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Fourth time around


Governor John Kitzhaber really is an unusual, and major, figure in Oregon history, a point just underlined if he’s re-elected to the fourth term he announced on Monday he would seek.

As matters sit, he’s a strong favorite. The leading Republican contender (and odds are, even if Allen Alley gets into it next year this will still be true), state Representative Dennis Richardson, will function most as a clearly-spoken exemplar of his state’s brand of conservative Republicanism, but not as a candidate likely to reach much outside that sector.

Kitzhaber broke records in 2010, of course, when he was elected to a third term as governor, the first Oregonian to do that. There was some speculation about whether Oregonians would go along with that, but also some real question marks about whether the man known in his first two terms as “Doctor No” and who famously said that Oregon was ungovernable, could accomplish much if given the reins again. In his campaign, Kitzhaber laid out an agenda both specific and highly ambitious, and you have to wonder if even he thought he would be able to accomplish more than a piece of it.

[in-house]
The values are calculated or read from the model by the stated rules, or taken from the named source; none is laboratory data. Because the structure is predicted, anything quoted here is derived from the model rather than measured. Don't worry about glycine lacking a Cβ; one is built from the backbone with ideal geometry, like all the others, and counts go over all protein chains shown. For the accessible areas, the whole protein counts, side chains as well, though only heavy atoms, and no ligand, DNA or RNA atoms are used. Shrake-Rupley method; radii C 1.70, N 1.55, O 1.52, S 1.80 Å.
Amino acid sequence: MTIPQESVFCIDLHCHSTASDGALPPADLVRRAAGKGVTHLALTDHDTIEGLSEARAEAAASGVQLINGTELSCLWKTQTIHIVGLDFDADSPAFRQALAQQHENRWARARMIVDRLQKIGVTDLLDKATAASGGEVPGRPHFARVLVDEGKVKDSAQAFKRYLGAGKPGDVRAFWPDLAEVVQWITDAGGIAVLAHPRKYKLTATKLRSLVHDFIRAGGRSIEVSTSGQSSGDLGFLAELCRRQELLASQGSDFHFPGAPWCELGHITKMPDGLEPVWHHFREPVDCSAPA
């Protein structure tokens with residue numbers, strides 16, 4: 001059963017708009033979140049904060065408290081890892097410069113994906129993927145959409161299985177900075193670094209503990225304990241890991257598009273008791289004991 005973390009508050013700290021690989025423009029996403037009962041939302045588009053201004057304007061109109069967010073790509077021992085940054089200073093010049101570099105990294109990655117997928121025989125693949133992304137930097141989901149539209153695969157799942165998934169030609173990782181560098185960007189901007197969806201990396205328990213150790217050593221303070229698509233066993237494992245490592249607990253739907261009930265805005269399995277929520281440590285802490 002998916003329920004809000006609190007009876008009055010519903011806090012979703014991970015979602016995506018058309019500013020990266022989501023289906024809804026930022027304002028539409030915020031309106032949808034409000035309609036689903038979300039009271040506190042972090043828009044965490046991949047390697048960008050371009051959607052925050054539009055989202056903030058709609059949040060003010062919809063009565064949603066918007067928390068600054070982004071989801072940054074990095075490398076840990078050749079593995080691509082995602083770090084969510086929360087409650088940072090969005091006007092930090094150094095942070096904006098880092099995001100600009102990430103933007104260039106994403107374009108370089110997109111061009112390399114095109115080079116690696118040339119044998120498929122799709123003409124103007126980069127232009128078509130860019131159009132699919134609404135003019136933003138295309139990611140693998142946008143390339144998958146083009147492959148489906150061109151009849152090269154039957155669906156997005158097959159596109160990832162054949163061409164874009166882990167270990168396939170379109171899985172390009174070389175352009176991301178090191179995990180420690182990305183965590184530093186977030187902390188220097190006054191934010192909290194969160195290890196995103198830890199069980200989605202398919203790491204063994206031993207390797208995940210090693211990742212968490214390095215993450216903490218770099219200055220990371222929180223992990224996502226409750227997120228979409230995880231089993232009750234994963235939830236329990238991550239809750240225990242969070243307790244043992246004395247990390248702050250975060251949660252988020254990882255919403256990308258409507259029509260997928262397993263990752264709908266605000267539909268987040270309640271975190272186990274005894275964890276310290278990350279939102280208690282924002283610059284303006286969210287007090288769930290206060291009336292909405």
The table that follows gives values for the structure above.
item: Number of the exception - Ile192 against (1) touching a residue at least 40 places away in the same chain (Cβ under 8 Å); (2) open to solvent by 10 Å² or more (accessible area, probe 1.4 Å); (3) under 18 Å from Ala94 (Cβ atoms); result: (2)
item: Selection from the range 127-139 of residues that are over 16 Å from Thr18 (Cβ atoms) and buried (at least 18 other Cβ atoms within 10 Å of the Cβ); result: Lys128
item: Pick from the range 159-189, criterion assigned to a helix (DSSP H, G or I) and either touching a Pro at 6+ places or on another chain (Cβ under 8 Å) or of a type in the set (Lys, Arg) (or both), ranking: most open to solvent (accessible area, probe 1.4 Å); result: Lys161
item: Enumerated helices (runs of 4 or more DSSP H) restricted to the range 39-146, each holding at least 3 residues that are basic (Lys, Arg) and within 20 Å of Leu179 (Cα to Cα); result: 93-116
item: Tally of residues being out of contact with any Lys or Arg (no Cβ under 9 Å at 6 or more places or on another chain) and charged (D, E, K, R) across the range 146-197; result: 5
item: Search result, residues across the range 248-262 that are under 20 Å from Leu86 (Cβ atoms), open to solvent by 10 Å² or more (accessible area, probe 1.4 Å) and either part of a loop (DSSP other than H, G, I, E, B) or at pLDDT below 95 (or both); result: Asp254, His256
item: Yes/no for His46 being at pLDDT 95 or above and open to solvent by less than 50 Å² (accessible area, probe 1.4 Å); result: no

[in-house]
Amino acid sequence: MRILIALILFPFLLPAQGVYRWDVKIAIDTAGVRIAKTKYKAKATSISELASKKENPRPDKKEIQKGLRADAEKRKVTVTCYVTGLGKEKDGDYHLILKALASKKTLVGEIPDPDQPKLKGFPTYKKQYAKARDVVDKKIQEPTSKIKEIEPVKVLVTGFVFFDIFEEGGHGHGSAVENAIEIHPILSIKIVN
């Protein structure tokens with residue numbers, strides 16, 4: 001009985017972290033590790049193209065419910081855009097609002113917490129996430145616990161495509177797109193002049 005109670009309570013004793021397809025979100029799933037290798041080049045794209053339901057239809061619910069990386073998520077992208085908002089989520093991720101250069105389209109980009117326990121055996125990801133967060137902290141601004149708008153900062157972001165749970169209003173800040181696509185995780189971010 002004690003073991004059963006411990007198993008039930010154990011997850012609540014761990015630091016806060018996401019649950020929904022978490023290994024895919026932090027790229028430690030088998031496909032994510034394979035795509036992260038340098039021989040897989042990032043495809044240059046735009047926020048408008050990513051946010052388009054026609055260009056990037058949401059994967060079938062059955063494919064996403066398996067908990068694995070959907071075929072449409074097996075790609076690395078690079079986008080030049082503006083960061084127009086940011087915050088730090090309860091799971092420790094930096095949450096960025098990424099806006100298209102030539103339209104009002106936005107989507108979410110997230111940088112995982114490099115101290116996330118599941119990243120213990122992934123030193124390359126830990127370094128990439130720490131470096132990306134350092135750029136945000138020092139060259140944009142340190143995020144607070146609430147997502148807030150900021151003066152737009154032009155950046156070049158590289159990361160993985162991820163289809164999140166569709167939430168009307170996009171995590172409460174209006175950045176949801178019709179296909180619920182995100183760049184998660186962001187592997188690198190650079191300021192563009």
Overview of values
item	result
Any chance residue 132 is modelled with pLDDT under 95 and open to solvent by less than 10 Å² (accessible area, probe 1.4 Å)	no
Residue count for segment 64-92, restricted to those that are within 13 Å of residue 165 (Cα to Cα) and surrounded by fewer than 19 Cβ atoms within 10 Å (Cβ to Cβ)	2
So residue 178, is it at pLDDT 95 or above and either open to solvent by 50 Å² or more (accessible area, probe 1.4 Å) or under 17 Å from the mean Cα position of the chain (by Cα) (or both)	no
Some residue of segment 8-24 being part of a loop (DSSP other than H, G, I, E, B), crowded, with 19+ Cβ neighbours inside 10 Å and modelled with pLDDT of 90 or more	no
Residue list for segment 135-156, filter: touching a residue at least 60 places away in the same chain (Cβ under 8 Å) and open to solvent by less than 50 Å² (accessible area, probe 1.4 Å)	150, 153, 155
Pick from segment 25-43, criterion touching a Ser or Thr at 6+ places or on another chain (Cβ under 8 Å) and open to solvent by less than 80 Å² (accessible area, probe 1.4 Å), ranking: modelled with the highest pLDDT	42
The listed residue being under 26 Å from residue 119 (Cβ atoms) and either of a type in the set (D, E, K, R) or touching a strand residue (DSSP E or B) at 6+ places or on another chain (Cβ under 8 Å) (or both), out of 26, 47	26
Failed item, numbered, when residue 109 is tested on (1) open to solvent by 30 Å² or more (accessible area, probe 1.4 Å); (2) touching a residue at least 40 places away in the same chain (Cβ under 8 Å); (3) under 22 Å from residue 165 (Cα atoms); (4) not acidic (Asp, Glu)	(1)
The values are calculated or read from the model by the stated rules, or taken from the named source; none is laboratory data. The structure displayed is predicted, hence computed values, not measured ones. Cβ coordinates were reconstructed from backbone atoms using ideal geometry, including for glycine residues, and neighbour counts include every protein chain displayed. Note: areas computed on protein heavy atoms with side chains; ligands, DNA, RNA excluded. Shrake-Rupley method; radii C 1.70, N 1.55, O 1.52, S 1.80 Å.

He seemed to be suggesting in the campaign, though, that eight years out of office, with time for reflection, gave him some new perspective on the job, that he now had a better sense of how do it, how to be governor and get things done. Upon his return, at least, he demonstrated exactly that, changing his approach and roaring through his 2010 agenda, checking off major item after major item, sweeping developments on education, health care, energy and other areas. Probably not many governors nationally in recent years have had so consequential a term. And his change of approach was startling, too; he has been about as hands-on with the legislature as a governor could be without turning overbearing, and building good relations on the way. At times, you saw more positive quotes about him from Republicans than from Democrats (and a fair amount of Democratic snark accompanied his announcement), but those Democrats seem to be forgetting how much of the Oregon Democratic agenda he has been pushing forward.

Kitzhaber’s fourth-term announcement is almost more by way of following up, getting those third-term accomplishment locked in, than anything else. But that’s no small thing. Not only time in office has made him consequential in the larger Oregon picture, and that would be true even if you only look at his third term. Not to mention a fourth.

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